Peace, Love, and Understanding – Elvis Costello – “What’s so funny ’bout peace, love, and understanding?” Nothing. Read the rest of this entry »
September 26, 2006
I haven’t been a big fan of war films since I have returned from Iraq. Before Iraq, I was a huge fan. All the action, and the patriotic inuendo in the films. But since Iraq, I have come to realize that films like “Saving Private Ryan”, “We Were Soldiers” and “Black Hawk Down” spout patriotism, and use soldiers, and, in the case of “Black Hawk Down”, the civilians of Somalia, as props, just to be blown up for the entertainment of the audience watching, and to raise the testosterone of potential recruits for the military. There are very few war films that I feel show the realism of warfare, while not preaching to the audience too much about the necessities of warfare. Soldiers are real people with real emotions and dreams and goals and lives. Films like “Born of the Fourth of July”, “Platoon”, “The Thin Red Line”, and “Full Metal Jacket” I feel are the most disturbing, realistic war films, that show the emotions and the mixed feelings that soldiers go through. I feel the the new movie “Jarhead” JUST ABOUT fits that description.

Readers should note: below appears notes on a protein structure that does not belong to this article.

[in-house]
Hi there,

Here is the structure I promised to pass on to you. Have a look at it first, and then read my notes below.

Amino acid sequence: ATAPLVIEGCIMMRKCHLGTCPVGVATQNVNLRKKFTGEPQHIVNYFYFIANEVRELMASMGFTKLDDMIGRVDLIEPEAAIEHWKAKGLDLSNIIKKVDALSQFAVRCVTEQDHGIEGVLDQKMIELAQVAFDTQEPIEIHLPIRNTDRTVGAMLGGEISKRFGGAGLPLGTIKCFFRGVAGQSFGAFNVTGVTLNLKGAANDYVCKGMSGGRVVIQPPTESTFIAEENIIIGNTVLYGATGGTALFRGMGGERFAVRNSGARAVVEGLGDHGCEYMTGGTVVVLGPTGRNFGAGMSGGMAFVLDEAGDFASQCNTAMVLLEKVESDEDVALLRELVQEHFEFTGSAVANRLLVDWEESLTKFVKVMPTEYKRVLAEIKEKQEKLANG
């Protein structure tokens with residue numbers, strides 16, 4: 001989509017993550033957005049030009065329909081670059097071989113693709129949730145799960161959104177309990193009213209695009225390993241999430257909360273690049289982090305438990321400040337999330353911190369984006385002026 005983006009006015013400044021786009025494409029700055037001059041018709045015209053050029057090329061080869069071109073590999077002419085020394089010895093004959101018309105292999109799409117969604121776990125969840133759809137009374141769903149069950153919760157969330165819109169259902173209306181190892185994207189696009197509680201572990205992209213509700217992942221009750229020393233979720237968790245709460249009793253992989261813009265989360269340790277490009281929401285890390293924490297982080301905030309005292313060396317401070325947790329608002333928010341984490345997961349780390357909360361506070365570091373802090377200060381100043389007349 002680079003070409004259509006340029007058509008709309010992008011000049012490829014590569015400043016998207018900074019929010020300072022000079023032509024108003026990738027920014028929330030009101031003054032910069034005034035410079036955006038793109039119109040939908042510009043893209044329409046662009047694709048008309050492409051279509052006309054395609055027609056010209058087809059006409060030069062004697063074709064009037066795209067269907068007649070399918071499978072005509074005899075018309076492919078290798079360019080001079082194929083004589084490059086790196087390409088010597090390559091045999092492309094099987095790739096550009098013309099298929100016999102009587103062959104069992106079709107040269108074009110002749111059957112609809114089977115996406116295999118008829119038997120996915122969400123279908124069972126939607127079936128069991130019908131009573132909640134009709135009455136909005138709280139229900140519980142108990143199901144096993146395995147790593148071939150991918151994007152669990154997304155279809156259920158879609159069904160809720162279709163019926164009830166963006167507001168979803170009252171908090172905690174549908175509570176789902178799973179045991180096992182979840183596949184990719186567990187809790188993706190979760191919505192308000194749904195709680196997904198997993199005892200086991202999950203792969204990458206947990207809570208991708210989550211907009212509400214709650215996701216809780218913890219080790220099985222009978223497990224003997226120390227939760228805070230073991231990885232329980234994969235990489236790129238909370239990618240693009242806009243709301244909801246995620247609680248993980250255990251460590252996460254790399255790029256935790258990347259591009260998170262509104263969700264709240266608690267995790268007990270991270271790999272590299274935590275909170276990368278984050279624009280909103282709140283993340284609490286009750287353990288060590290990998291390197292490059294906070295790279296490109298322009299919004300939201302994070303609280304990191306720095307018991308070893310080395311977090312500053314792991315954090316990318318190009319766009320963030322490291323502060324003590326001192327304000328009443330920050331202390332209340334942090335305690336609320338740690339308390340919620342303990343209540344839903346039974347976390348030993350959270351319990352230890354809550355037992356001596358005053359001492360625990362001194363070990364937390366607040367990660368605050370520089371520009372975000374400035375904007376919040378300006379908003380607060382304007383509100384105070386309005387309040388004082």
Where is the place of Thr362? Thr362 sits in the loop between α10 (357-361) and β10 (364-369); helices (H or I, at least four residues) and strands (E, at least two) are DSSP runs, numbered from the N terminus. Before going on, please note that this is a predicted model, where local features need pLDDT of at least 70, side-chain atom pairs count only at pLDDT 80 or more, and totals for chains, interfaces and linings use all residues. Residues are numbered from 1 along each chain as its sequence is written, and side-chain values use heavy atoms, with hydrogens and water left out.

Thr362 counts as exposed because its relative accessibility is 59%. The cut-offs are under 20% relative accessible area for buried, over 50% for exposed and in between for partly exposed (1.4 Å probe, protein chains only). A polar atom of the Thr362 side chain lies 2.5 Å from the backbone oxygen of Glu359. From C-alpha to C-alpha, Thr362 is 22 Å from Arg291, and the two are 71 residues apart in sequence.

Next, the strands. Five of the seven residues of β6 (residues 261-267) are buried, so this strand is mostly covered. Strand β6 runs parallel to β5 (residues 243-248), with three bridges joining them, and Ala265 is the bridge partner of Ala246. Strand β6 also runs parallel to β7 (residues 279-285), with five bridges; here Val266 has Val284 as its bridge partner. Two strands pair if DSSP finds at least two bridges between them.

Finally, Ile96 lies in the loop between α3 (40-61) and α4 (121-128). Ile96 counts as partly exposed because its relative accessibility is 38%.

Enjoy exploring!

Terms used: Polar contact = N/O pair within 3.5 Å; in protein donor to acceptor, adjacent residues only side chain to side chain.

September 10, 2006
Greetings from Ft. Hood, TX. My first week here has come to an end, and in all honesty, it was a good week. It was a week spent reuniting with old friends, meeting new soldiers, getting acquainted with my chain-of-command, and, in general, re-familiarizing myself with the military. My body is sore now from all the exercising I’m doing again. But it’s a good pain-I’m getting in shape again. And that feels nice. And while it’s nice to be spending time with my Army friends, after work it definitely feels nice to go to my own room and spend some time with myself. I’m reading more again. I haven’t read this much since my deployment to Iraq. It’s something I’ve always loved doing, but I always make excuses to not do it. Well, no more. This week alone I’ve read Fast Food Nation, 1984, Creature by John Saul, and The Husband by Dean Koontz.